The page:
(1) of their special danger; and
(2) of their special defence.
I. THEIR SPECIAL DANGER. On this point they are shown:
1. Its reality,. Though God was sorely displeased with the heathen, though he had done much already to restrain them, so that the earth now was "at rest" (supra, Zechariah 1:11), and the returned people were able to rebuild his house, he had by no means destroyed them as yet. The four "horns" seen in the vision—the well known symbols of authority and strength and hostility (Psalms 75:4-7, Psalms 75:10; Jeremiah 48:25; Deuteronomy 33:17; 1 Kings 22:11)—suffice to prove this. However restrained at that moment, the ability and the disposition to injure were still in existence.
2. Its peculiar greatness. This
(1) as to power. How much evil those same Gentile horns had already done in the past (see end of Zechariah 1:19 and Zechariah 1:21)! Also perhaps
(2) as to direction; the "four" horns representing that they had such enemies on all sides (comp. Psalms 83:5-8, where every side of Palestine seems to be represented). Or possibly
(3) as to duration; first one enemy, then another, as in the very similar description of Jeremiah 1:17; or else with some reference to the four successive world empires of Daniel's visions, and as meaning to intimate, in that case, that, whichever of such "horns" should be specially exalted for the time, it would be a horn against them. So much was their condition, of itself, like that described in Luke 10:3.
II. THEIR SPECIAL DEFENCE.
1. The fact itself. This manifest—having such enemies as they had—from their still continued existence. Though "scattered," it was not beyond recovery; though so prostrate that no man could "lift up the head," they were not destroyed (comp. Psalms 129:1, Psalms 129:2). Who could have caused this but Jehovah himself?
2. The peculiar nature of this defence. Jehovah restrains the many enemies of his people by "fraying" or frightening them from going too far (comp. Psalms 76:9, Psalms 76:10; also Genesis 35:5; Exodus 15:16; 2Ki 19:6; 2 Chronicles 17:10; and to some extent the cases of Abimelech, Genesis 20:1, Genesis 20:7; and Balsam, Deuteronomy 23:5).
3. The peculiar instrument of this defence. Not other "horns" to push against these; not other men of war to overcome these; but artificers only, men of peace. Possibly also artificers of the class engaged in building, as though to intimate that the work of building God's temple was the best defence at that time to God's people.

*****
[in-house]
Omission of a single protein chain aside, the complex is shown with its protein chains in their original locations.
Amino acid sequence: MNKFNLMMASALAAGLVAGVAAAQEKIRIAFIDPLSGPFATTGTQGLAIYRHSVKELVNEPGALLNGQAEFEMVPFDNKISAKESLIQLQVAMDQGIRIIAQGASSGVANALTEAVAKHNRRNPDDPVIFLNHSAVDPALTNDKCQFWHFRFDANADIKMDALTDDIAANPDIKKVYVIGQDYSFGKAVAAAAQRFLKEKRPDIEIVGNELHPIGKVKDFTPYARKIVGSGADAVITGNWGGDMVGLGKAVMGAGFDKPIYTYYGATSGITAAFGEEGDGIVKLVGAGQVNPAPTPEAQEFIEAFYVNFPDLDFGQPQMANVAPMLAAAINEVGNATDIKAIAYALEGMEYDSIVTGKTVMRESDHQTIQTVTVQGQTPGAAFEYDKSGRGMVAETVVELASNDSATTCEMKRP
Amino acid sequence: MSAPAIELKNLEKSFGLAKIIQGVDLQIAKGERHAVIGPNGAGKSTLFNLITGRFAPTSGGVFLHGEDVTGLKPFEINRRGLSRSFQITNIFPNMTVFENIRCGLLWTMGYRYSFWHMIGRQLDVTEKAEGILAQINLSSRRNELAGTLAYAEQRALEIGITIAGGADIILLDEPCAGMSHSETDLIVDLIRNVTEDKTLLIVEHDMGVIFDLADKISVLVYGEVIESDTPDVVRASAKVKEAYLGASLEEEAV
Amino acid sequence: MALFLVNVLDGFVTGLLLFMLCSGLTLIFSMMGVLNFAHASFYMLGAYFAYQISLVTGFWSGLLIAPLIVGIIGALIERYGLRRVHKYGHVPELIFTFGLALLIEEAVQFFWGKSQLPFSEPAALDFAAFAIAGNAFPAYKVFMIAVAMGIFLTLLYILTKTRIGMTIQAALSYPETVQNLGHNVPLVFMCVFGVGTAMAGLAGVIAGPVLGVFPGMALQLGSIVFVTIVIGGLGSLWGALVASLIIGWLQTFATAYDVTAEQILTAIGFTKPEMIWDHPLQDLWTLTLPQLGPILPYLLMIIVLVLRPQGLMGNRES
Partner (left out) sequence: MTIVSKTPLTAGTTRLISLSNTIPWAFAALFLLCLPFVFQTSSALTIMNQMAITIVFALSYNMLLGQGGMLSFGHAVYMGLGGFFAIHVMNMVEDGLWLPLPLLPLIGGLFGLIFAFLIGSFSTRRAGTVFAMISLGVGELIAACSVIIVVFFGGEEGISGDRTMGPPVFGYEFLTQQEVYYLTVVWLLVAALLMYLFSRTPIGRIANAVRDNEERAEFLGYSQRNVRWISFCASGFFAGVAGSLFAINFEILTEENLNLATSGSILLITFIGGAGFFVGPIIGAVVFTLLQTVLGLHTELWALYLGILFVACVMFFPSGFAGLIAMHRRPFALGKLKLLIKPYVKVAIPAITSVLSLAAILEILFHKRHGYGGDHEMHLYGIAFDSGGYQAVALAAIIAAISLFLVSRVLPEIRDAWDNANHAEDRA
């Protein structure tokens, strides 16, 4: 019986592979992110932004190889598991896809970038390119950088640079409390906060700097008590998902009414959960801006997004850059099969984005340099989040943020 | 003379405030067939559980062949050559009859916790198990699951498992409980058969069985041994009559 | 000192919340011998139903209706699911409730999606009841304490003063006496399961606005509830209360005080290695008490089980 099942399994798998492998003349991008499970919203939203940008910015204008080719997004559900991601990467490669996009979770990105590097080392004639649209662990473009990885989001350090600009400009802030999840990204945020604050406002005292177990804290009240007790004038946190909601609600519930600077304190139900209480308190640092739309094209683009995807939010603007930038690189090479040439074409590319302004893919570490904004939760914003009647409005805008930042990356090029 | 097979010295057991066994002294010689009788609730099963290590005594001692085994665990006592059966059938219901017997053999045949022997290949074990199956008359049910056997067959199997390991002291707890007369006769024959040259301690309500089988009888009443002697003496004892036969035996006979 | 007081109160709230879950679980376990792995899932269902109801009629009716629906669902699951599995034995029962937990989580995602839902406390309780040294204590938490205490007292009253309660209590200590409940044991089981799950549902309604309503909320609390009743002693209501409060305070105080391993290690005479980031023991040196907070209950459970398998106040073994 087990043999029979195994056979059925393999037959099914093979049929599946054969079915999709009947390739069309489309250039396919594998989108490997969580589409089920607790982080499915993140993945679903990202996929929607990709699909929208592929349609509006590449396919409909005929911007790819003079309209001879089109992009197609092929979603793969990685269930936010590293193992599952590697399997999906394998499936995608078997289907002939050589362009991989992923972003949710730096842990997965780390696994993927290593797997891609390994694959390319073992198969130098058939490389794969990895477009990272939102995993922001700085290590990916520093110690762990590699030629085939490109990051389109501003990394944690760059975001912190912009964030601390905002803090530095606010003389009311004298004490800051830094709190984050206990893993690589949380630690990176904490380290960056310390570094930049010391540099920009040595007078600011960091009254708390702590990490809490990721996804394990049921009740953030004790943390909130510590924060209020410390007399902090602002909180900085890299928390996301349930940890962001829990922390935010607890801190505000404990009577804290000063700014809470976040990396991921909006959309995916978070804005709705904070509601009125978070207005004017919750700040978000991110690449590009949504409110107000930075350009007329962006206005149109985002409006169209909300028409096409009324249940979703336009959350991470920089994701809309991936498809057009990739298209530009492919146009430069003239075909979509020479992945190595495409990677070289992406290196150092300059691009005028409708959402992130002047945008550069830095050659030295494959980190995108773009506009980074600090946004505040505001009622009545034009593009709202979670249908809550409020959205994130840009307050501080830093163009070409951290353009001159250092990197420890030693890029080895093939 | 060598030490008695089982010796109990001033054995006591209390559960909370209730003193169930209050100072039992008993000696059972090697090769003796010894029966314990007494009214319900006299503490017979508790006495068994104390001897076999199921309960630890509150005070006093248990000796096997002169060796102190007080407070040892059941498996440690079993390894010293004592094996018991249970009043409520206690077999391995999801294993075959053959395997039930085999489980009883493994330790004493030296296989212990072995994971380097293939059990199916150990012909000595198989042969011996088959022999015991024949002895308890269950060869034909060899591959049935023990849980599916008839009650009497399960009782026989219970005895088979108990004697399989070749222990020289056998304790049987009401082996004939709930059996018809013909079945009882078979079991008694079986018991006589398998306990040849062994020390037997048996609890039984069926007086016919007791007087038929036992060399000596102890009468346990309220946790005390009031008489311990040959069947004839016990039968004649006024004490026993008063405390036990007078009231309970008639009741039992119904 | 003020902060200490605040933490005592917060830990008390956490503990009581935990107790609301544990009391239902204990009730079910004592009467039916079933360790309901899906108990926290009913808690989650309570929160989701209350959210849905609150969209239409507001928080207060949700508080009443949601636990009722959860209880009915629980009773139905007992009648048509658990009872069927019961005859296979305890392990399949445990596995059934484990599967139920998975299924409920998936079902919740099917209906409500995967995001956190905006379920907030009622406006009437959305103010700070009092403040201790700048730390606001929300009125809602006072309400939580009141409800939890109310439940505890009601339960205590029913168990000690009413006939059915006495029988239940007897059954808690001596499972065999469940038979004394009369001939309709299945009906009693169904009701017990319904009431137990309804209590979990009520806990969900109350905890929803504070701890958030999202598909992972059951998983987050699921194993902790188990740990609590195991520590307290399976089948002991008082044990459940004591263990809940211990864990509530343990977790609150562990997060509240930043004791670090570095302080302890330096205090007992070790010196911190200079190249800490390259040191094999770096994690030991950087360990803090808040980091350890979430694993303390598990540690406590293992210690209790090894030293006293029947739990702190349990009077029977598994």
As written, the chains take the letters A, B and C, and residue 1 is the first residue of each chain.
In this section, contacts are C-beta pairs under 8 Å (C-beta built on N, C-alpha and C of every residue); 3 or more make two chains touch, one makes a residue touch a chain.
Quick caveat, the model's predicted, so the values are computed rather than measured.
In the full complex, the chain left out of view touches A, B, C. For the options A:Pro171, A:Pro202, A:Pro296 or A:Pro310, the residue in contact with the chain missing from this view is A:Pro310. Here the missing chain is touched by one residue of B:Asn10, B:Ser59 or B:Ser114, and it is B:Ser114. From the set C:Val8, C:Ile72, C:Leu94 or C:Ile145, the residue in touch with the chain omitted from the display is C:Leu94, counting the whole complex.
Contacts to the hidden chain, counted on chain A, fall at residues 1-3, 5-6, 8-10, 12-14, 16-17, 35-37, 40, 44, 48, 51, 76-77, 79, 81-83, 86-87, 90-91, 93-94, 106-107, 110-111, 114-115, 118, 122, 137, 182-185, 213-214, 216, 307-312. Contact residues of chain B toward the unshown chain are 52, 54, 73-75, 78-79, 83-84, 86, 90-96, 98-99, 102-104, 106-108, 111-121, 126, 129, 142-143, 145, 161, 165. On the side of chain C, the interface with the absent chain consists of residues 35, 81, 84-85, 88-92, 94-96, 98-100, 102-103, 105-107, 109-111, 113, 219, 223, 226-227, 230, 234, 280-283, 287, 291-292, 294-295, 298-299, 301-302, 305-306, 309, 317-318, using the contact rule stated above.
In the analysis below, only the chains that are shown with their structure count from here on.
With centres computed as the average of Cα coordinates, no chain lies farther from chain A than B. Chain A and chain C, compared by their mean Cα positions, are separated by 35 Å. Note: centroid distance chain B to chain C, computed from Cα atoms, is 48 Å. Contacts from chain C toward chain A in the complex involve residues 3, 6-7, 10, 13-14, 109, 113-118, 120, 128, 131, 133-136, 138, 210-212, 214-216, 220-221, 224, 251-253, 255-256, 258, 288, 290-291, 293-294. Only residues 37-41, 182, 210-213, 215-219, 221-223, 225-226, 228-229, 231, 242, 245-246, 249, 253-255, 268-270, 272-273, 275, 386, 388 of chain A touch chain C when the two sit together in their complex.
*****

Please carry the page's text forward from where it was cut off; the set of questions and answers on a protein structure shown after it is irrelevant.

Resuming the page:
4. The peculiar completeness of this defence. As shown, perhaps, by there being as many in number thus to defend as there were to attack. From whichever side, at whatever time, the attack, there also would be prepared against it this kind of defence (comp. Psalms 32:7, Psalms 32:10).
We see all this abundantly illustrated:
1. In the subsequent history of the literal Israel. How often since assaulted! how apparently close, at times, to extermination! how utterly powerless, frequently, in themselves! yet how wonderfully preserved in existence, by similar restraints of their enemies, from that day until this!
2. In the history of nations and Churches. It is at least worthy of consideration, in this connection, that since the day when the Reformation found its most congenial home in this island, every projected hostile invader has been restrained from reaching our shores. Also, perhaps, the remarkable (true) prosperity and preservation of the Moravian and Waldensian Churches, are eases in point.
3. In the history of the spiritual Israel at large. How many its enemies from the first (Acts 28:22; Luke 21:17; Ephesians 6:12)! How incapable of defending itself (Matthew 10:16, as before)! Yet how wonderfully preserved until now; and also, to be preserved to the end (Matthew 16:18)!
4. In the experience of individual believers. See lives of such men as Luther, Wesley, Whitefield, Simeon, and others. We may almost say of each of such, as just now of the Church at large, "Each man immortal till his work be done." So in truth of every one who truly believes in Christ Jesus. The righteous scarcely is saved, but he is saved, after all.
HOMILIES BY W. FORSYTH
God's call to repentance.
Repentance is turning from sin unto God.
I. THE CALL IS FOUNDED ON GOD'S ABSOLUTE RIGHT TO OBEDIENCE. "Lord of hosts." Sublime title. Thrice used, to give the greater impressiveness. Implies that God's rule is wide as creation. Mark the "host" of stars (Isaiah 40:26). Higher, behold the "angels and principalities and powers" (Psalms 103:20, Psalms 103:21). God is Lord of all, and it is this God that claims our homage. To turn from him is folly and ruin; to turn to him is the highest wisdom and blessedness.